Now to do the same thing with the tweeter’s high pass section I needed to employ a crossover technique that is not often discussed but is highly effective. Although flat frequency response around the crossover point could be obtained using a second order filter on the high pass section as well, it is not possible to get good phase matching because of the 24mm off-set of the acoustic centers. However, if the high pass circuit is increased to a 3rd order electrical filter and optimized it is possible to match the relative acoustic phase of the woofer and tweeter down to very low frequencies. This phase matching demonstrates that a true acoustic L-R transfer function has been obtained despite the driver offset. The reason this is possible is because a higher order on the high pass circuit has a greater group delay and phase shift than the 2nd order low pass circuit has. If the crossover frequency is carefully selected with regard to the offset distance then the higher order high-pass filter can be made to fully compensate for this offset and provide near perfect phase tracking. (Note: this is not the same thing as a minimum phase crossover, which are extremely difficult to achieve. Also, it is not "time aligned" either, it is simply an in-phase crossover, meaning that both drivers are in the same relative phase to each other).

Fig 7: Predicted Crossover Transfer Functions

Fig 8: Predicted final system impedance

The 25uF capacitor in the high pass filter is not necessary if the only goal is what occurs in the immediate crossover range, flat response is obtained without it. However, this capacitor is used for two purposes; to provide better relative phase tracking with the woofer, and to provide more protection from low frequencies since such a low crossover point is used. What is the purpose of this phase tracking if it is not necessary to for flat summed response? Well, by maintaining this relationship through the passband lobing in the vertical polar response is more ideal. Although this may or may not be important, it is still easy enough to achieve. You will note from the attached graph that the tweeter and filter’s combined acoustic response matches the target 4th L-R response extremely well.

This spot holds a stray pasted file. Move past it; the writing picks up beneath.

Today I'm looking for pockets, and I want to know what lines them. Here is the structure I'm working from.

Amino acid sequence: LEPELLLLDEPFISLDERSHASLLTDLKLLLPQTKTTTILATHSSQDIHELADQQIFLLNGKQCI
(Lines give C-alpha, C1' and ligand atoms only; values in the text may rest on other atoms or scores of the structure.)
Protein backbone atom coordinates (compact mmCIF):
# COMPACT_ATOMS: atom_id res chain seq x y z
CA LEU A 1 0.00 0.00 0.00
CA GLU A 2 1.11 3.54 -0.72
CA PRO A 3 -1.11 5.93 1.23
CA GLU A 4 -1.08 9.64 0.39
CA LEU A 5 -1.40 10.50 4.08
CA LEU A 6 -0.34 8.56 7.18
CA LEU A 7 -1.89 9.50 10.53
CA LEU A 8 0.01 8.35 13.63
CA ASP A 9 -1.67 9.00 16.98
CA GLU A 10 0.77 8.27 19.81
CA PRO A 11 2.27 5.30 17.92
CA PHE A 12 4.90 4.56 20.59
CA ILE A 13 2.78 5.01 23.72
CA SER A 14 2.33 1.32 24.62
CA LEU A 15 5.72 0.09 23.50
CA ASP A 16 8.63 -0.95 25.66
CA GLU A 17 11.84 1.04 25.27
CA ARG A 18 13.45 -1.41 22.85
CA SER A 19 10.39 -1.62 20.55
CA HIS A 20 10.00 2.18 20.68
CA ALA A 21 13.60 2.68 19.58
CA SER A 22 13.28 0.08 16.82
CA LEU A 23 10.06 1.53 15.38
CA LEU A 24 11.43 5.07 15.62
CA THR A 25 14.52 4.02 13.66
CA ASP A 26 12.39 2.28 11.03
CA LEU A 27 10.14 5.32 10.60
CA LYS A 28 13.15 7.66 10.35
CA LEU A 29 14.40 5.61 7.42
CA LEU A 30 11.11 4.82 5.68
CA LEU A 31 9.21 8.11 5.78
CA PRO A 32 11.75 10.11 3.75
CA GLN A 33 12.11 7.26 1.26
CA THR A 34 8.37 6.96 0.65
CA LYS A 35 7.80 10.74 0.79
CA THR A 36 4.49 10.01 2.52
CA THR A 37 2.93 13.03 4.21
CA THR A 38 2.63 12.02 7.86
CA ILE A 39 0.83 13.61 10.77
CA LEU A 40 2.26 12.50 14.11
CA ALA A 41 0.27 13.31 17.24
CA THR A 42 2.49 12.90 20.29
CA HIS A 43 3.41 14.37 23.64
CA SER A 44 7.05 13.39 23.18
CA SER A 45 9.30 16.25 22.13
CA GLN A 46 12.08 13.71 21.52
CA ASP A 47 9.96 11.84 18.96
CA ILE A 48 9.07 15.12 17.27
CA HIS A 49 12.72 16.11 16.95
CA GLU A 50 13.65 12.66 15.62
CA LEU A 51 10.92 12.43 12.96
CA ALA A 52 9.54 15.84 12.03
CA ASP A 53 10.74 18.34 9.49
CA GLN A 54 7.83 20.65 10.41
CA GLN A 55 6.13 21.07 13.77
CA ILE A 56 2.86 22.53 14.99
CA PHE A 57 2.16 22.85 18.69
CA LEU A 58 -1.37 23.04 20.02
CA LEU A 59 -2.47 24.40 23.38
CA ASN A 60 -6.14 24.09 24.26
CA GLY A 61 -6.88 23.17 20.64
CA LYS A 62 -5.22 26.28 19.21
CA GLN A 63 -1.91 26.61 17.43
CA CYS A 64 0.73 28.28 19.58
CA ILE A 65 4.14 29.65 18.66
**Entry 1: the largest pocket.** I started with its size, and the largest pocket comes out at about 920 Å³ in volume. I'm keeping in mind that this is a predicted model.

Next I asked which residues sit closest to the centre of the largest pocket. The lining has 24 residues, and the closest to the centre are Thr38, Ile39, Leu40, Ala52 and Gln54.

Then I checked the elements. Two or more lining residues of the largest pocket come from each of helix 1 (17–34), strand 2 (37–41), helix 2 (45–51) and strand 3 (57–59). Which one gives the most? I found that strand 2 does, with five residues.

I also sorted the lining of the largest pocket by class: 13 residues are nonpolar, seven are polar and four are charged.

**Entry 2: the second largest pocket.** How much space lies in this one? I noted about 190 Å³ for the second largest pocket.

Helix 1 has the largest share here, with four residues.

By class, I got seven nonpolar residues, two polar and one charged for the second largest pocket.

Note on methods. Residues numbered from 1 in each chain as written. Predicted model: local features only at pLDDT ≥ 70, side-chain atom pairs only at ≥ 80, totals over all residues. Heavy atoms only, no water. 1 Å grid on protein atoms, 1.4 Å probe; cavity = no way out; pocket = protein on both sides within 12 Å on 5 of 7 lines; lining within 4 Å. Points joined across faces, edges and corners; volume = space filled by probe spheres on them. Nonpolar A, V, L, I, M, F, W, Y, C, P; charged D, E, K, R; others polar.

In a 4th order L-R crossover both drivers must be in phase at the crossover point. Because of this both drivers will need to be down 6dB at the crossover point in order to sum to a flat response. There is a graph provided that shows the predicted transfer functions of the crossover circuits as approximated into both speakers’ natural impedance. Also provided are simulations of the total system impedance and the summed frequency response. You will note from this graph that the tweeter’s phase tracks with the woofer’s very precisely from approximately 200 Hz to about 4kHz. It is not possible (using a conventional crossover) to force the tweeter’s phase to track with woofers beyond these frequency points. The reason is because the phase deviations beyond these points are to due entirely to the woofers response curve. The phase shifts below 200 Hz are due to the low frequency response tuning of the woofer and box, and the phase shift above 4 kHz is caused by the rapid roll-off of the woofer above this point.

Fig 9: Predicted Summed Response vs. Target

Fig 10: Predicted acoustic response of both drivers, note how tweeter phase tracks well with the woofer

One final note on integrating these two drivers using a simulation: Phil’s original data on the tweeter showed the upper octave to be quite rolled off. In response to this he made another set of measurements using LAUD that showed the response to be much more extended with a slight peak around 13Khz. The level also differed between these two plots by about 1 dB. Not much, but when you are trying to level match a woofer and a tweeter using separate graphs and you have different plots for the tweeter, you are really guessing at which to use. I decided that the tweeter’s response was likely to be better represented by the LAUD measurement that shows it more extended. However, if there is any area where my simulation may really miss the mark it may be in matching up the levels of the woofer and tweeter. We will have to see.